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Best Countries in Science: SA‘s Global Science Scorecard

The views expressed are those of the author and are not necessarily those of Scientific American.

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“Global society operates as a network of creativity and innovation.”–John Sexton, writing in Scientific American.

In the October 2012 issue, we publish our Global Science Scorecard, a ranking of nations on how well they do science—not only on the quality and quantity of basic research but also on their ability to project that research into the real world, where it can affect people’s lives.

The United States comes out on top, by a wide margin, followed by Germany, China, Japan, the U.K., France, Canada, South Korea, Italy and Spain. (More about our methods below.)

In the accompanying issue, we explain some of the more salient trends behind the globalization of science and what it means. Why, for instance, does Germany still make things? While the U.S. and other developed nations lose manufacturing to countries with lower labor costs, Germany has managed to keep a high-tech edge through a close partnership between government, academia and industry. We take a close look at China’s rise to world-class research status, which shows that the Middle Kingdom still has to figure out how to raise the bar not just at the very best labs but throughout all its universities.

We also look at the factors behind the success of the U.S. and the challenges of staying on top. One of the reasons scientists in the U.S. do top-flight work, argues Paula Stephan of Georgia State University, is that the best are better paid–in other words, income disparity in science is not all bad. And Michael Crow, president of Arizona State University, gives us his bold plan for raising scientific literacy: reinvent the way science is taught.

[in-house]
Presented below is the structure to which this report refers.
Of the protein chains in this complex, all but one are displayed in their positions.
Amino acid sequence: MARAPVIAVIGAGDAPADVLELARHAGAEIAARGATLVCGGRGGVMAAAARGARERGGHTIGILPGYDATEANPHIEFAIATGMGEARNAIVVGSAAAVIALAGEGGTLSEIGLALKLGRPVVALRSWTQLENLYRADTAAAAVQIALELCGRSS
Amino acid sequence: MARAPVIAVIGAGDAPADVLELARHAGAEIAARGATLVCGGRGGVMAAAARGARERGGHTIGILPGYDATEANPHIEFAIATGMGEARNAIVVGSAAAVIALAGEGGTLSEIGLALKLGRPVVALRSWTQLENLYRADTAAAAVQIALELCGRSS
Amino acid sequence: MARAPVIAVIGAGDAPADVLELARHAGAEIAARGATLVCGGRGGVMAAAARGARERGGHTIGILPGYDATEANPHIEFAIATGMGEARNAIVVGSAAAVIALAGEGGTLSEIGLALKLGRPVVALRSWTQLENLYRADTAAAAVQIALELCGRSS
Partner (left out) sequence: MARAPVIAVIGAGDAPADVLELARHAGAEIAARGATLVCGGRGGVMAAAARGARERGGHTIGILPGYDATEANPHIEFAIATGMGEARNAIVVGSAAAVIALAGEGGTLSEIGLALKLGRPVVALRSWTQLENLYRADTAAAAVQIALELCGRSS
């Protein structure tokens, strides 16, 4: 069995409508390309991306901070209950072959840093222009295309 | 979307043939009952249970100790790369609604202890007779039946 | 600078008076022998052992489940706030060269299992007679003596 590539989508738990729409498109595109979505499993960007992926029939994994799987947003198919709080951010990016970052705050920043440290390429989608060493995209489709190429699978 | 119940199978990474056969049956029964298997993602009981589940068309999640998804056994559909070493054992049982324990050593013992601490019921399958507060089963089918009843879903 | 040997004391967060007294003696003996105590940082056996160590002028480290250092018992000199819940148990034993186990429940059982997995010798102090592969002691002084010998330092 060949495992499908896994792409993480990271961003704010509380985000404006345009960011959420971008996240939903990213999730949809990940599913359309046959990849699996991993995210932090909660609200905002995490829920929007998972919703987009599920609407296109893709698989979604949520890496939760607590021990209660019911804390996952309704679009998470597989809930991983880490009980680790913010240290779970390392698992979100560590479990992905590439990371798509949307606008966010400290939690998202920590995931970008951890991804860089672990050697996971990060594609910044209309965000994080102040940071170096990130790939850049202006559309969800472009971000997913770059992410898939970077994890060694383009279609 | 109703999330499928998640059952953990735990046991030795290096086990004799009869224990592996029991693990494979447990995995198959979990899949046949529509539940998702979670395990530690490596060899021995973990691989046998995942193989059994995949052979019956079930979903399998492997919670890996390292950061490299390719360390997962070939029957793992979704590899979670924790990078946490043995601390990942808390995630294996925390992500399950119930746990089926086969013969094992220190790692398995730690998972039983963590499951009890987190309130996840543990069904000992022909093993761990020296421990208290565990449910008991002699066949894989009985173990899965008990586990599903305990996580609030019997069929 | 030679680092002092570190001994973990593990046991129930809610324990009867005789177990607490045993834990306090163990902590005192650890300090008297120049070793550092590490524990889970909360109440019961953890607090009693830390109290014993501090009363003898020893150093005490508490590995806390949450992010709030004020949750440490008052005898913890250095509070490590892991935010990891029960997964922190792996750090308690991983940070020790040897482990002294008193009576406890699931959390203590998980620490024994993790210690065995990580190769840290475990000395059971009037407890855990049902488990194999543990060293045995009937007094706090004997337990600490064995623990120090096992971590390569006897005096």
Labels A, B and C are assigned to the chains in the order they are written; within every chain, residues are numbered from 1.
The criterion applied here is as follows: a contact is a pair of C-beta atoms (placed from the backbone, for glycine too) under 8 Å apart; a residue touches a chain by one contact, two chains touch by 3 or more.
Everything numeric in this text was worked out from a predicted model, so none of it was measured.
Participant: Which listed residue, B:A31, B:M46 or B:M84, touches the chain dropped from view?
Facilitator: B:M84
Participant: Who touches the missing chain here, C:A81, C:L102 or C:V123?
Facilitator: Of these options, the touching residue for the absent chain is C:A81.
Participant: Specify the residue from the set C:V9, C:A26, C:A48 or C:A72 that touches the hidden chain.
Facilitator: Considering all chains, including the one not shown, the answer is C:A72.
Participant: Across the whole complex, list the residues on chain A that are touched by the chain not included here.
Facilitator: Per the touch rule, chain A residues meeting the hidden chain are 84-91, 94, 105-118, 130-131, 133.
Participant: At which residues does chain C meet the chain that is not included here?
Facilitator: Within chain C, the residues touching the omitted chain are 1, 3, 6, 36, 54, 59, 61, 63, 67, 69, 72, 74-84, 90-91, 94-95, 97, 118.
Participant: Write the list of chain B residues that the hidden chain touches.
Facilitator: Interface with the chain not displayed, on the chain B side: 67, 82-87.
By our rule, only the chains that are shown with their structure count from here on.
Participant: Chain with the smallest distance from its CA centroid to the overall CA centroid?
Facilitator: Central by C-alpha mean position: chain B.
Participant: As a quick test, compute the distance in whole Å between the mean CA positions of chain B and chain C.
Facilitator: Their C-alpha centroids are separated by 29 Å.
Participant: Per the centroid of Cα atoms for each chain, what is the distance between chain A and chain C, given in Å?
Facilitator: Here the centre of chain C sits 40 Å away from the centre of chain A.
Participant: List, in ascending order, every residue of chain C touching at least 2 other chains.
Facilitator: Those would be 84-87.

“There is a massive collaboration going on in science,” says Paul Nurse, former Rockefellar University president and now head of the British Royal Society, in a Q&A. “Science is a catalyst that can break down the gulf between nations.”

Our ranking drew heavily on preliminary data from Digital Science, a sister company to Nature Publishing Group (which publishes Scientific American). Digital Science has assembled a database of research papers published in top peer-reviewed journals around the world and has organized them by nation of origin.

That tells you much about how much raw science a nation produces, but it doesn’t tell you much about whether a nation is taking advantage of those good ideas. For this, other metrics come into play. The output of graduates trained in the sciences is an important indicator of how substantial, and sustainable, a research program is. For that, the OECD gathers data on the number of new doctorate graduates. What industry spends is also a factor, which OECD data on R&D expenditure captures. And patents issued (available from the U.S. Patent Office) give you a rough idea how well a nation turns science into technology.

Fred Guterl About the Author: Fred Guterl is the executive editor of Scientific American and author of Fate of the Species (Bloomsbury). Follow on Twitter @fredguterl.

The views expressed are those of the author and are not necessarily those of Scientific American.

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  1. 1. RSchmidt 2:21 pm 09/28/2012